Were an alien visitor to hover a few hundred yards above the planet, it could be forgiven for thinking that cars were the dominant life-form, and that human beings were a kind of ambulatory fuel cell, injected when the car wished to move off, and ejected when they were spent.—Heathcote Williams
Sanford Ikeda makes many good points, and in my first response to him I said, “I certainly agree with Sanford Ikeda’s recommendation that neighborhoods should be able to spend their curb parking revenue on their highest priorities.” I did not respond to his six points where he thinks we may disagree, and I regret that he therefore inferred that I “evidently think them not worth addressing.” So let me try to respond to some of his points.
First, I did not say that “zero-price curbside parking is the most disastrous experiment ever in social engineering.” I did say that “Minimum parking requirements may be our most disastrous experiment ever in social engineering.” Minimum parking requirements, not free curb parking, are the social engineering. Free curb parking is a sin of omission—failing to charge the right price for curb parking—while minimum parking requirements are a sin of commission—forcing up the supply of parking at every land use.
Second, Ikeda says, “It’s easy to think of quite a few other social-engineering experiments here that have been at least as bad if not orders of magnitude worse: rent control, The Great Society, nation building, slavery.” I confess that I had not considered slavery and nation building (which needs more explanation) as social engineering. As for rent control, it never extended to more than a small share of the housing stock, and it didn’t last long in most cities that tried it. In contrast, cities have imposed minimum parking requirements for almost all housing in the nation for decades. So I do not agree that rent control is “as bad if not orders of magnitude worse” than minimum parking requirements.
In The High Cost of Free Parking, I estimated that the total subsidy for off-street parking in 2002 was between $127 billion and $374 billion. Because the U.S. gross domestic product was $10.5 trillion in 2002, the subsidy for off-street parking as a share of the economy amounted to between 1.2 percent and 3.6 percent. This subsidy is huge by any comparison. In 2002, the federal government spent $231 billion for Medicare, and $349 billion for national defense.
Can the subsidy for off-street parking be anywhere near that big? Well, why not? Since the 1950s, most American cities have required every new building to provide ample off-street parking. American households now have more cars than drivers, and their cars are parked 95 percent of the time. Because motorists rarely pay anything for parking, their cars live almost rent free. American cars and light trucks logged 2.6 trillion vehicle miles of travel in 2002, so the subsidy for off-street parking ranged between 5¢ a mile (if the subsidy was $127 billion) and 14¢ a mile (if it was $374 billion). If we use the rule of thumb that increasing the gasoline tax by 1¢ a gallon increases gasoline tax revenue by about $1 billion a year, it would take an increase in the gasoline tax of between $1.27 and $3.74 a gallon to offset the subsidy for off-street parking. De-subsidizing off-street parking could thus produce the same effect on travel as increasing the gasoline tax by between $1.27 and $3.74 a gallon. Because parking costs so much and motorists pay so little for it, the hidden subsidy for off-street parking is truly gigantic.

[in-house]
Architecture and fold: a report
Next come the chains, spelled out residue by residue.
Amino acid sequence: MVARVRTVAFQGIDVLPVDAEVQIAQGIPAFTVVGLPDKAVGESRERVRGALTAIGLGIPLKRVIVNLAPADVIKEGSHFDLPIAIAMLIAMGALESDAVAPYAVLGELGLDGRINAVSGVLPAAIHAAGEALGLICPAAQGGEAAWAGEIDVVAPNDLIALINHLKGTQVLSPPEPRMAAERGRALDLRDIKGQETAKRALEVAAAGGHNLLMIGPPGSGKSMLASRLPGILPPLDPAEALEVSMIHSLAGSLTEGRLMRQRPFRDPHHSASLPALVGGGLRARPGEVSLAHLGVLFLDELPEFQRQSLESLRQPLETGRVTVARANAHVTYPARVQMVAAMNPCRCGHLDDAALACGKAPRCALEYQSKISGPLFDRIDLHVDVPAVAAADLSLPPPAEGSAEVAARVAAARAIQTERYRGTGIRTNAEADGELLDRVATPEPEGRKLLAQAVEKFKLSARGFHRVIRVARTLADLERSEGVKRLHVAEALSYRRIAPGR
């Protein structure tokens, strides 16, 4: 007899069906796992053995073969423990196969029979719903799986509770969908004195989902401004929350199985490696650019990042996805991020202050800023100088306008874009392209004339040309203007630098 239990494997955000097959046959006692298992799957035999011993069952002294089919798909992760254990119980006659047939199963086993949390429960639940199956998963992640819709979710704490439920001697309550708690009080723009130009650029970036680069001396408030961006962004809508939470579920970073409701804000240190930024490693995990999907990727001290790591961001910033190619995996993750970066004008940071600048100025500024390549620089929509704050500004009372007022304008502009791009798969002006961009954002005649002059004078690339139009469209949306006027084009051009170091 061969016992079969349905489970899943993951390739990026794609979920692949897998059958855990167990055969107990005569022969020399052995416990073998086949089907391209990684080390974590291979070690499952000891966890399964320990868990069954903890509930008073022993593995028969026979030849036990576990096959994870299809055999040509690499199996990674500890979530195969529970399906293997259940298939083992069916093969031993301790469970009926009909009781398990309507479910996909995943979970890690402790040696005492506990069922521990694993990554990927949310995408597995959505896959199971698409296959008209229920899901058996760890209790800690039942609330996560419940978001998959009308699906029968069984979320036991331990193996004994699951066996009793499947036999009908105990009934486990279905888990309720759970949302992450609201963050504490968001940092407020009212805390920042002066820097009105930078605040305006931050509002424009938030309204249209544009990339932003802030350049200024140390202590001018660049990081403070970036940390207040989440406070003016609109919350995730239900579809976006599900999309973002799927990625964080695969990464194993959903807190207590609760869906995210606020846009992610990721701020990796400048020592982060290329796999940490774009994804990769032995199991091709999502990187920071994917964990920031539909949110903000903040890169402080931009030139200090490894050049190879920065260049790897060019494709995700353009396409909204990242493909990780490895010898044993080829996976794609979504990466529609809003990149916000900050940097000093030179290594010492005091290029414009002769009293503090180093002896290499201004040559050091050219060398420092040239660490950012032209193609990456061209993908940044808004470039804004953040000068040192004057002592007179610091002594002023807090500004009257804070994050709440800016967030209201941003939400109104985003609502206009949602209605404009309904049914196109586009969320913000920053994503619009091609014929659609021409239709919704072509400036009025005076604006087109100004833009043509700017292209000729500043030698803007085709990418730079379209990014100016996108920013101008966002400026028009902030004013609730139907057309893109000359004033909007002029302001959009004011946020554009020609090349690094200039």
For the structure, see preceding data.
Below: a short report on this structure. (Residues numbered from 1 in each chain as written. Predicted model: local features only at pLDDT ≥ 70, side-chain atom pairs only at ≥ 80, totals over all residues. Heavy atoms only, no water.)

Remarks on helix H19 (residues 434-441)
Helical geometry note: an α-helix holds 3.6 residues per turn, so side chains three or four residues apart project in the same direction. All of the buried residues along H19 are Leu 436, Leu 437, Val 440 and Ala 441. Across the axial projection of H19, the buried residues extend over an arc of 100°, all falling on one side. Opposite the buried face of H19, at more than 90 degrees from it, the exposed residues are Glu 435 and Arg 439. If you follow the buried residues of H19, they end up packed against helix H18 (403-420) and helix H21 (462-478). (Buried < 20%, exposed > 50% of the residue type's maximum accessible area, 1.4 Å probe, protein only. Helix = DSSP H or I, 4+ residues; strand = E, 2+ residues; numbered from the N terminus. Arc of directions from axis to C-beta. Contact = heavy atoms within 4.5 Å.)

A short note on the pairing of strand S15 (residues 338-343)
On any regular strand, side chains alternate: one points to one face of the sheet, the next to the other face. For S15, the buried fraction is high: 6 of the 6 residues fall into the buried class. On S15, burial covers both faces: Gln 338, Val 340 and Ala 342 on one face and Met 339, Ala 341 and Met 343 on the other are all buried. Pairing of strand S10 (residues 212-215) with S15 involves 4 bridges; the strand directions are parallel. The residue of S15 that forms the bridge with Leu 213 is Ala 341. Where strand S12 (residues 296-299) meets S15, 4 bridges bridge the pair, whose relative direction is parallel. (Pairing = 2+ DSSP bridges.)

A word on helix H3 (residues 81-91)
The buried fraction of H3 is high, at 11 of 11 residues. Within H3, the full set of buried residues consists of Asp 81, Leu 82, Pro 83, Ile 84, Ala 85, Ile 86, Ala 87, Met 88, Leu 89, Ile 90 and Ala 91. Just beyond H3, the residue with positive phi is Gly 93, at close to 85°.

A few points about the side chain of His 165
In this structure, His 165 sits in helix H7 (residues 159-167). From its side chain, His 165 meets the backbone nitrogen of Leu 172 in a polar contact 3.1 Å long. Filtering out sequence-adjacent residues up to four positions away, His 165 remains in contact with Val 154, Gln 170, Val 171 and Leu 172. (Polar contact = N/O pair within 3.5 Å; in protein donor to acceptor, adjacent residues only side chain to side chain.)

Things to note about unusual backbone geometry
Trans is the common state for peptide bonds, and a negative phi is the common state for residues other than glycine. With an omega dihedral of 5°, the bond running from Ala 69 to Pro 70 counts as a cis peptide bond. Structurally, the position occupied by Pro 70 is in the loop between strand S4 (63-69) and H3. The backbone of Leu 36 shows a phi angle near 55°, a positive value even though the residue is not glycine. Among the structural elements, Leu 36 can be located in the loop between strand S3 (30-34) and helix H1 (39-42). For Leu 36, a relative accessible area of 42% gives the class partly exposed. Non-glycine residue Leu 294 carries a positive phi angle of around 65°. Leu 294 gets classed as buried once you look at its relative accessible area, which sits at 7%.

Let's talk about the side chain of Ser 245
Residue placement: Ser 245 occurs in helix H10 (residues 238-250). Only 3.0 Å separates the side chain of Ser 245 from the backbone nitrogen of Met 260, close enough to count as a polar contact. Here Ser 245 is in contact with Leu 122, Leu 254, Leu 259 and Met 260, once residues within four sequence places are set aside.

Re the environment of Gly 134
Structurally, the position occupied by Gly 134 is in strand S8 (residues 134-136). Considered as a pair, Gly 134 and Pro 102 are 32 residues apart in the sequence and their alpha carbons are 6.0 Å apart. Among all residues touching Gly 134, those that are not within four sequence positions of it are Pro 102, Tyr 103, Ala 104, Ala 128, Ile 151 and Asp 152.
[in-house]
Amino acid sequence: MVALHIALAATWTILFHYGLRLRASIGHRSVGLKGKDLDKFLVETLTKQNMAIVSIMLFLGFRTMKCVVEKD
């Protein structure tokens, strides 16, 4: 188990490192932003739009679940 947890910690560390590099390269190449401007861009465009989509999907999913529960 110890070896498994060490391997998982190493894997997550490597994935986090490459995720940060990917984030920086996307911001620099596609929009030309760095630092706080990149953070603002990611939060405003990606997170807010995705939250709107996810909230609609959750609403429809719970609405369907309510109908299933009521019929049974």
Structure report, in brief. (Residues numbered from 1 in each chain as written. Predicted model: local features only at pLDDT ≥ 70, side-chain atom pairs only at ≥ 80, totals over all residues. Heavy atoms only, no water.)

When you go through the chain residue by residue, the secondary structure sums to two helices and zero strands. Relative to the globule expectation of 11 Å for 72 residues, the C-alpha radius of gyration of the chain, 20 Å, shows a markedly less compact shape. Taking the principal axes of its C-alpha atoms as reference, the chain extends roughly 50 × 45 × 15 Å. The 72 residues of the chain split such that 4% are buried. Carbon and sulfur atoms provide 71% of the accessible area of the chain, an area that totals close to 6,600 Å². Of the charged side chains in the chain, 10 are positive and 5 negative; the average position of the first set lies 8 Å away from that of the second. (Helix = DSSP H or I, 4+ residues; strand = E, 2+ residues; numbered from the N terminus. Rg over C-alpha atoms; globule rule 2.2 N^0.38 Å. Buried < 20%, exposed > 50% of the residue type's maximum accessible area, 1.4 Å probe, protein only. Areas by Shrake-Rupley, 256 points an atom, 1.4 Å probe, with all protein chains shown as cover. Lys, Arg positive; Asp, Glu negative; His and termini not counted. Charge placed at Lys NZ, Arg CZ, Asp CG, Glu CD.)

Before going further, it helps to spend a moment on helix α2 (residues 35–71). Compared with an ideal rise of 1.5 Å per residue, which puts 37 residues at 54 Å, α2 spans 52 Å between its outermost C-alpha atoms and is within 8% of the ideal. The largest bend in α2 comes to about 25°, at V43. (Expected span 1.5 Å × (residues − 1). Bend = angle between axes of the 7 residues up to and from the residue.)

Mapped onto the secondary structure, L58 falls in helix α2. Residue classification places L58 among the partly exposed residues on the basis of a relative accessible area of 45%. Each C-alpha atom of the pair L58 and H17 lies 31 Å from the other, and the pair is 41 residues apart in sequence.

And then there is the subsidy for on-street parking. The U.S. Department of Commerce estimates that the value of roads is 36 percent of the value of all state and local public infrastructure (which also includes schools, sewers, water supply, residential buildings, equipment, hospitals, and parks). Because curb parking occupies a substantial share of road space, it must be a substantial share of all state and local public infrastructure. Drivers do not pay gasoline taxes while their cars are parked, except perhaps on the gasoline lost through evaporative emissions, which pollute the air. Since drivers do pay gasoline taxes while they are driving, curb spaces are subsidized much more than the travel lanes are. Free curb parking may be the most costly subsidy that American cities provide for most of their citizens.
The size of these subsidies for both on-street and off-street parking explain why I said, “Minimum parking requirements may be our most disastrous experiment ever in social engineering, and ceasing to require off-street parking is not social engineering.” I even hedged the statement by using the word may.
Finally, in his first post, Ikeda says I urge that curb parking revenue should “be used for sidewalk and street repair.” In his most recent post he says, “Both Professors Shoup and O’Toole seem to think they know what the ‘free-market solution’ will be: for the former it’s expenditure on sidewalk repair and for the latter it’s more spending on parking.”
I think Sanford Ikeda has misinterpreted my proposal for what to do with curb parking revenue. I never said that the revenue should go for repairing sidewalks or streets. In my first response essay, I said, “I certainly agree with Sanford Ikeda’s recommendation that neighborhoods should be able to spend their curb parking revenue on their highest priorities.”
In my first response, I did not focus on the points where we disagree, and this omission was not because I thought them “not worth addressing.” Instead, I focused on the points where we do agree. After being asked to discuss the points where we disagree, I appreciate the opportunity to make a stronger case for my statement that minimum parking requirements may be our most disastrous experiment ever in social engineering.